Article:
Despite evidence to the contrary many parents still believe that sugar causes hyperactivity in their kids so they won't give them candy. While this has been proved an old wives tale, many parents will nonetheless swear to the fact that their kids go bonkers on sugar. There are two probabilities for this happening.
The first is that if a persons glucose levels are low, the ingestion of glucose into the body will feel like a sugar rush resulting in an increased burst of energy. This is similar to the replenishment of many other nutrients that the body requires. For example, an anaemic person (a person with low iron) will feel lethargic and when a couple of iron tablets are taken they will feel a rush of energy very quickly. This will only occur if iron levels are low and the same is true for glucose. A sugar rush will only be experienced by a person low in glucose which is necessary for proper body function.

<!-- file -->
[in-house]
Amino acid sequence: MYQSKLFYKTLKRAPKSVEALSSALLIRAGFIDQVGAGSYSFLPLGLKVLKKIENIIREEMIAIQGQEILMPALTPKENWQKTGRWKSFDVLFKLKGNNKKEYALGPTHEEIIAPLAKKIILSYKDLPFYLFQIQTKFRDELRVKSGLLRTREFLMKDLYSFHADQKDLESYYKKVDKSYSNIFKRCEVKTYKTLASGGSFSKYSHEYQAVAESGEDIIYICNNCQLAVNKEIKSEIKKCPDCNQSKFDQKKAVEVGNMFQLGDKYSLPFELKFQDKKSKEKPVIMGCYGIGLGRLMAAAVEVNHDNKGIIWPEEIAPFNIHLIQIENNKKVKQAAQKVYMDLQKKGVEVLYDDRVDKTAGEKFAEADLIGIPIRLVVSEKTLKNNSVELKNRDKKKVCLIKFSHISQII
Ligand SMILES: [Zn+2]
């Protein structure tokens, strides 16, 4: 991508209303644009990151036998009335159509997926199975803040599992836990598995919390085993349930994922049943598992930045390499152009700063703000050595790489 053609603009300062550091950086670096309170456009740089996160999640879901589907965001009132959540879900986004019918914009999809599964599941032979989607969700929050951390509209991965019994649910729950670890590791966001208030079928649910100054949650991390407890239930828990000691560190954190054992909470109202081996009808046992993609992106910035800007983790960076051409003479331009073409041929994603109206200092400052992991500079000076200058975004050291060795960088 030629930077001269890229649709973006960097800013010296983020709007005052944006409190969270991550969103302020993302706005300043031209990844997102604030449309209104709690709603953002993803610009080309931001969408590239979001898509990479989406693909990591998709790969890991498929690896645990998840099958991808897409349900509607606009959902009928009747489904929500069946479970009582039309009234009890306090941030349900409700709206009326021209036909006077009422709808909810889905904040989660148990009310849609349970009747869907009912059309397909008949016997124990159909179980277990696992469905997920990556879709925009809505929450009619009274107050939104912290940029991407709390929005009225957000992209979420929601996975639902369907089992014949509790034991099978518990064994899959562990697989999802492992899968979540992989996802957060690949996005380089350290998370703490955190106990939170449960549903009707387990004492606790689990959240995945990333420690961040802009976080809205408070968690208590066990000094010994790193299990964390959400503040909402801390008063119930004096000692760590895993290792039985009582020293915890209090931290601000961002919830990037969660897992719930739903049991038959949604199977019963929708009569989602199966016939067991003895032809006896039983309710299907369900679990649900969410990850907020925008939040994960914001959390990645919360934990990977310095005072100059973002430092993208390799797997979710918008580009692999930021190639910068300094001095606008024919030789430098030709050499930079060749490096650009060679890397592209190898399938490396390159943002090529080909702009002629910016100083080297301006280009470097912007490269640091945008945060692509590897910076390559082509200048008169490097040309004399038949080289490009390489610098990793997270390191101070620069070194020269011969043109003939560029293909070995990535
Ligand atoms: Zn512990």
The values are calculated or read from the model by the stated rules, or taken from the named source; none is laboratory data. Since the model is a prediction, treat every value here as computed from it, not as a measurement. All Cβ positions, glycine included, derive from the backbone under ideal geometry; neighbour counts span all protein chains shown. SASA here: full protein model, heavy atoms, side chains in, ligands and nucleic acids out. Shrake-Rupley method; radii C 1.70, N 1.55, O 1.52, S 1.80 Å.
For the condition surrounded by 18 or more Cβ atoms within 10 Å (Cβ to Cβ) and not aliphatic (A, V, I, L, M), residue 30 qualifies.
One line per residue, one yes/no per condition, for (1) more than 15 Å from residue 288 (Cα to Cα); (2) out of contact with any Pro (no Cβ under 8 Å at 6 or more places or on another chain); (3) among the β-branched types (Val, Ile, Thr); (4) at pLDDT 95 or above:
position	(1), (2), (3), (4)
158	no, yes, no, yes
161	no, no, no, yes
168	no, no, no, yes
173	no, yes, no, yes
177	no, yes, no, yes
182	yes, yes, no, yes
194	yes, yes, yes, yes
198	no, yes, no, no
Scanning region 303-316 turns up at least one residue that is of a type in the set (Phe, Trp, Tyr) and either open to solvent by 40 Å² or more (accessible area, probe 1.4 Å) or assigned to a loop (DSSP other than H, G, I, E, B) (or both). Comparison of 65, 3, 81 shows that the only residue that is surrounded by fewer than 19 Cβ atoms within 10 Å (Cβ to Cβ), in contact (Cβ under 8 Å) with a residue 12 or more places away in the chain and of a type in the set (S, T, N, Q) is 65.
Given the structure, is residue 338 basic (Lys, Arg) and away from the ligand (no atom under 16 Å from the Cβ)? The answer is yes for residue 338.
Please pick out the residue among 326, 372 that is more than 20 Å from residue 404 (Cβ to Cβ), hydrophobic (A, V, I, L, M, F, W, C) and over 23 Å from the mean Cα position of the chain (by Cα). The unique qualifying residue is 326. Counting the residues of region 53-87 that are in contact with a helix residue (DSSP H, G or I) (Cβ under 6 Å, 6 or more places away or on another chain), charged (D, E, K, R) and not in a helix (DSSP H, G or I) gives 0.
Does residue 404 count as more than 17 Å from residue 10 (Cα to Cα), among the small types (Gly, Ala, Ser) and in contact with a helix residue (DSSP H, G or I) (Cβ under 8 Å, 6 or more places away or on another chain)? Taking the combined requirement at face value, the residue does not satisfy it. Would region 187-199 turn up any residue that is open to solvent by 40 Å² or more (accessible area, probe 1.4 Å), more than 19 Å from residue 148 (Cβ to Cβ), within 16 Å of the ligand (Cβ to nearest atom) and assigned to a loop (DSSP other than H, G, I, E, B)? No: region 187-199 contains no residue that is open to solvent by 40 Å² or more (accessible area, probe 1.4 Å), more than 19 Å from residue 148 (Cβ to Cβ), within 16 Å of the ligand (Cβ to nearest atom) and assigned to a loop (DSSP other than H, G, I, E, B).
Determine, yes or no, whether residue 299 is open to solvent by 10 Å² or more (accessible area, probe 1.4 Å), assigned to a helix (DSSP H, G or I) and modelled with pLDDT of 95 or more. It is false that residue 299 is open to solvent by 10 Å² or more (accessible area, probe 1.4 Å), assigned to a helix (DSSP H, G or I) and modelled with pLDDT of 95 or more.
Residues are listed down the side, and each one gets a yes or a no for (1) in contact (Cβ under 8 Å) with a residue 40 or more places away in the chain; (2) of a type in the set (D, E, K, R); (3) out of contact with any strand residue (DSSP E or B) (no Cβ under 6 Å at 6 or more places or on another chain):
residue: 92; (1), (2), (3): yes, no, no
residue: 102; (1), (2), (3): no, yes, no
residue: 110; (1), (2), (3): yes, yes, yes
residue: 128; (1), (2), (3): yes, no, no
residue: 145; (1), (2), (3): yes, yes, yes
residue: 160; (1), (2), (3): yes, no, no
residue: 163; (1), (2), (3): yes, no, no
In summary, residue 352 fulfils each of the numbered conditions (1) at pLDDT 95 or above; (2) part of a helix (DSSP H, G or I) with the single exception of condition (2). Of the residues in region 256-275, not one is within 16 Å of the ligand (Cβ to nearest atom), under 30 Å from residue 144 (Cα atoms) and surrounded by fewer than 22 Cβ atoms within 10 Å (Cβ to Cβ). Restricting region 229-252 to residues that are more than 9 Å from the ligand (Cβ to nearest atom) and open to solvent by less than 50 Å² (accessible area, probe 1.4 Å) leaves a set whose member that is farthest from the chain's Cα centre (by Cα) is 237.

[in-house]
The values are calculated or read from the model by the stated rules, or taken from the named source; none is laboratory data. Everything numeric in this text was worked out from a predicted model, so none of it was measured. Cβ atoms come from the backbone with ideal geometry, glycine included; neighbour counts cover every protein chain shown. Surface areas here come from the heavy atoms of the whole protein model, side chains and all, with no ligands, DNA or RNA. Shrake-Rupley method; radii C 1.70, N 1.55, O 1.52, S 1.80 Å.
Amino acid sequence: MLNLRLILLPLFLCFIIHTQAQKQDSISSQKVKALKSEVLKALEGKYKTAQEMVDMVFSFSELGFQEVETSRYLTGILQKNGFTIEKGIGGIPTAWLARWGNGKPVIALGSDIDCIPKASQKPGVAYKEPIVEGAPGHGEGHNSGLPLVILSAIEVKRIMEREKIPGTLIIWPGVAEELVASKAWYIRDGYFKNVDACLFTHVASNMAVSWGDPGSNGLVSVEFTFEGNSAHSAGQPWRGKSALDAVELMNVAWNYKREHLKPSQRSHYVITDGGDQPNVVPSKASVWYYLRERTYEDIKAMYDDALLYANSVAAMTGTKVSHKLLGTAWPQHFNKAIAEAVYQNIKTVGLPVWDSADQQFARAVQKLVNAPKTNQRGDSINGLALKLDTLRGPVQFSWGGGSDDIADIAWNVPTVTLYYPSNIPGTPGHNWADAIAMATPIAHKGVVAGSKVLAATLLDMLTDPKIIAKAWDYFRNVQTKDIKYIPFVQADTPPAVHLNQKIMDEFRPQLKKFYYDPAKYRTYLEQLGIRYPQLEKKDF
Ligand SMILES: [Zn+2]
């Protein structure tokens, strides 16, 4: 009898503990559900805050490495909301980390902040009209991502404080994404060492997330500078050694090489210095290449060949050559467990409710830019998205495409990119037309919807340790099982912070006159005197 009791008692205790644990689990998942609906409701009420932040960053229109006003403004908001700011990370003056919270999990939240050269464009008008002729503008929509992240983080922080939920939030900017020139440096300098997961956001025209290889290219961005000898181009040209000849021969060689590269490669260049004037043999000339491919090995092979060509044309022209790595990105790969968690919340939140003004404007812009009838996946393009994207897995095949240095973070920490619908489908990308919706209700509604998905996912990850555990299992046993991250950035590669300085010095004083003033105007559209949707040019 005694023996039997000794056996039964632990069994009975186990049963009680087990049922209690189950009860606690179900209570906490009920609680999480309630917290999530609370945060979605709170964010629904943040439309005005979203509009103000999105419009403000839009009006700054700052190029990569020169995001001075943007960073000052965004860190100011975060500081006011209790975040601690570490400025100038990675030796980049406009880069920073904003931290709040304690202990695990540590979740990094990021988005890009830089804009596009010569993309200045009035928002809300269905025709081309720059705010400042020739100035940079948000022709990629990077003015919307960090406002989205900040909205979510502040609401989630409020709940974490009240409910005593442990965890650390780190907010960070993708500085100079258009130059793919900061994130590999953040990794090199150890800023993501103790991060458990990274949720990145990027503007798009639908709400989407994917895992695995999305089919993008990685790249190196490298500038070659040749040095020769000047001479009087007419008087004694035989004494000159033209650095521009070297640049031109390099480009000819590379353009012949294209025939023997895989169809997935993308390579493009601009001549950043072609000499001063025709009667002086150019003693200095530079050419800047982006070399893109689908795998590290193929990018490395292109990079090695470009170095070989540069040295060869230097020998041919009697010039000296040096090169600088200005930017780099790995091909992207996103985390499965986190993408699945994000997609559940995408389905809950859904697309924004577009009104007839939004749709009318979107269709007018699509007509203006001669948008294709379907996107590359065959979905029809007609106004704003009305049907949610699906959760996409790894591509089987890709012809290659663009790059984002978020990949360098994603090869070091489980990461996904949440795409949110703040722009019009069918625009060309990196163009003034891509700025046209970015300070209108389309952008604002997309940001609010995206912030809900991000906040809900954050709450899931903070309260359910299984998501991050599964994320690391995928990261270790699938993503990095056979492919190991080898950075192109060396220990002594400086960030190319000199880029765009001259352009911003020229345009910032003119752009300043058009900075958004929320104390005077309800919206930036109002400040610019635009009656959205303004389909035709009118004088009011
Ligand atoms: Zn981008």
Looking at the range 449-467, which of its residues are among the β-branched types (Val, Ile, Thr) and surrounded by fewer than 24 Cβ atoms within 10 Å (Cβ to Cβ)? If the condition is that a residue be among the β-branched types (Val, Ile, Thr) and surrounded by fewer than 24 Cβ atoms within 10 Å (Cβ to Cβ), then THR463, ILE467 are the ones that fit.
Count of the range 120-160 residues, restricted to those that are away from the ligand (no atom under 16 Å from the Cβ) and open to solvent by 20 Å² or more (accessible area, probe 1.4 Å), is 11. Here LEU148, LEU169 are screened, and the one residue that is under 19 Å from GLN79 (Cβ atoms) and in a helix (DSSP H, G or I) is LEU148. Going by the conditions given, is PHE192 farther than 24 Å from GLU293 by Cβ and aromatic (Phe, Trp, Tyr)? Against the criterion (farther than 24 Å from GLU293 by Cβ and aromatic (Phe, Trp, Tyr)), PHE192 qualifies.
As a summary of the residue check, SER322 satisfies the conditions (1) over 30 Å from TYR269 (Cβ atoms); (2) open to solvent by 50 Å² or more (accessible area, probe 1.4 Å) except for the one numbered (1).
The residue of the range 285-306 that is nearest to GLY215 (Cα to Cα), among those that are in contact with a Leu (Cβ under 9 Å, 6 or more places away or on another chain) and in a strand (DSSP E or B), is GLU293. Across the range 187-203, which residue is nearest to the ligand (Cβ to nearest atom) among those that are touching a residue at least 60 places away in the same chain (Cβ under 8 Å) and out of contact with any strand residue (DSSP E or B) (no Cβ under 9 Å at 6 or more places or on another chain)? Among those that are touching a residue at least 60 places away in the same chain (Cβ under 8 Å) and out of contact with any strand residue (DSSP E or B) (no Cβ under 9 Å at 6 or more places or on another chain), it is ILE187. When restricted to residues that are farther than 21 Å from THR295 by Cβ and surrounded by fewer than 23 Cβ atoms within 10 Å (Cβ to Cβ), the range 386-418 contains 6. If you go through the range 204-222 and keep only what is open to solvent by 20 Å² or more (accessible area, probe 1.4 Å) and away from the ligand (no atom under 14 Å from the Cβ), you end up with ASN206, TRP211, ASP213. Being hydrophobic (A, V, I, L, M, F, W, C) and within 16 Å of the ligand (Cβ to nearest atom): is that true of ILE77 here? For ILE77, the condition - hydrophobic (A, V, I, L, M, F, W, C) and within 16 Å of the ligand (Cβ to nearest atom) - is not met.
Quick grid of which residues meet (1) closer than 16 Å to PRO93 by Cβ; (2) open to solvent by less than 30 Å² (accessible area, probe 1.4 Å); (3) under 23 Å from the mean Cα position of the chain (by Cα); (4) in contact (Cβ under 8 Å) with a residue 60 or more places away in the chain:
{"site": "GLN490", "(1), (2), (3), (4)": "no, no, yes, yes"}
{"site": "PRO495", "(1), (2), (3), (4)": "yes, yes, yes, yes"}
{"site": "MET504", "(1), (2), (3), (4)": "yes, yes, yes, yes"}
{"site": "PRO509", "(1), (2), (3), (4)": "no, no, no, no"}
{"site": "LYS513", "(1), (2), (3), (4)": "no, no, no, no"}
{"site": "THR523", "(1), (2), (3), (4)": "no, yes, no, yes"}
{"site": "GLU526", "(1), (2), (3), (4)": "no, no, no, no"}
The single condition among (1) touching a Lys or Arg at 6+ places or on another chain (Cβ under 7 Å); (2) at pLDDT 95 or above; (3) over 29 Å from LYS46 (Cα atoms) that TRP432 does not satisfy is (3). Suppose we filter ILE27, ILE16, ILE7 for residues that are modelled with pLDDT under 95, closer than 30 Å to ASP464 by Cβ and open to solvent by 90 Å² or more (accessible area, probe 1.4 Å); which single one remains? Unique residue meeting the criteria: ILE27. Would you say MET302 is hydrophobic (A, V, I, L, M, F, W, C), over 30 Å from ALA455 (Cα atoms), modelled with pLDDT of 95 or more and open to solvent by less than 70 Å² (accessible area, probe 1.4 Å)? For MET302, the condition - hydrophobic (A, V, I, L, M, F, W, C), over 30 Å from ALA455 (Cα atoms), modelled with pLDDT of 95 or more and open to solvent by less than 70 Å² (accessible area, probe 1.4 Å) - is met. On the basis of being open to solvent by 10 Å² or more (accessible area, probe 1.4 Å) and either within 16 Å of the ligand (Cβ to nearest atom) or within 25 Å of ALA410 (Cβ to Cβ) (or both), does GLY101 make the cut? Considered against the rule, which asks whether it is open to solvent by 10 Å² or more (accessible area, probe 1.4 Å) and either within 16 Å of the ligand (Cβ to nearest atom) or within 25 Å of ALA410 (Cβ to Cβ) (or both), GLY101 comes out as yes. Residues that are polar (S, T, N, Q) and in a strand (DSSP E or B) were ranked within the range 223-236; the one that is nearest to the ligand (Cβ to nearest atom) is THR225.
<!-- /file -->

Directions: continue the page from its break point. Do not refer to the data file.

The second possibility is that parents and children expect sugar to translate into hyperactivity and so it does – the placebo effect. This is not to say that a person is faking, not at all. The power of the mind over the body is a well known fact. If the mind believes something to be true it can easily create a physical response in line with that belief. This is never more evident than when a child is hurt or sad and a parent offers candy consolation. We've all seen a child go from severe distress to smiles when a candy or chocolate is offered. This isn't the child faking it, nor was the child's suffering unreal. The placebo effect of candy and chocolate for young children is so strong that the minds link between candy and pleasure takes over from the very real pain the child is feeling.
Although the evidence suggests that sugar itself doesn't hype kids up, parents aren't imagining things. Between low glucose levels and a placebo effect children exhibit an evident response to the candy. The twist is that what the candy is doing is actually improving the glucose and psychological condition of the child's body.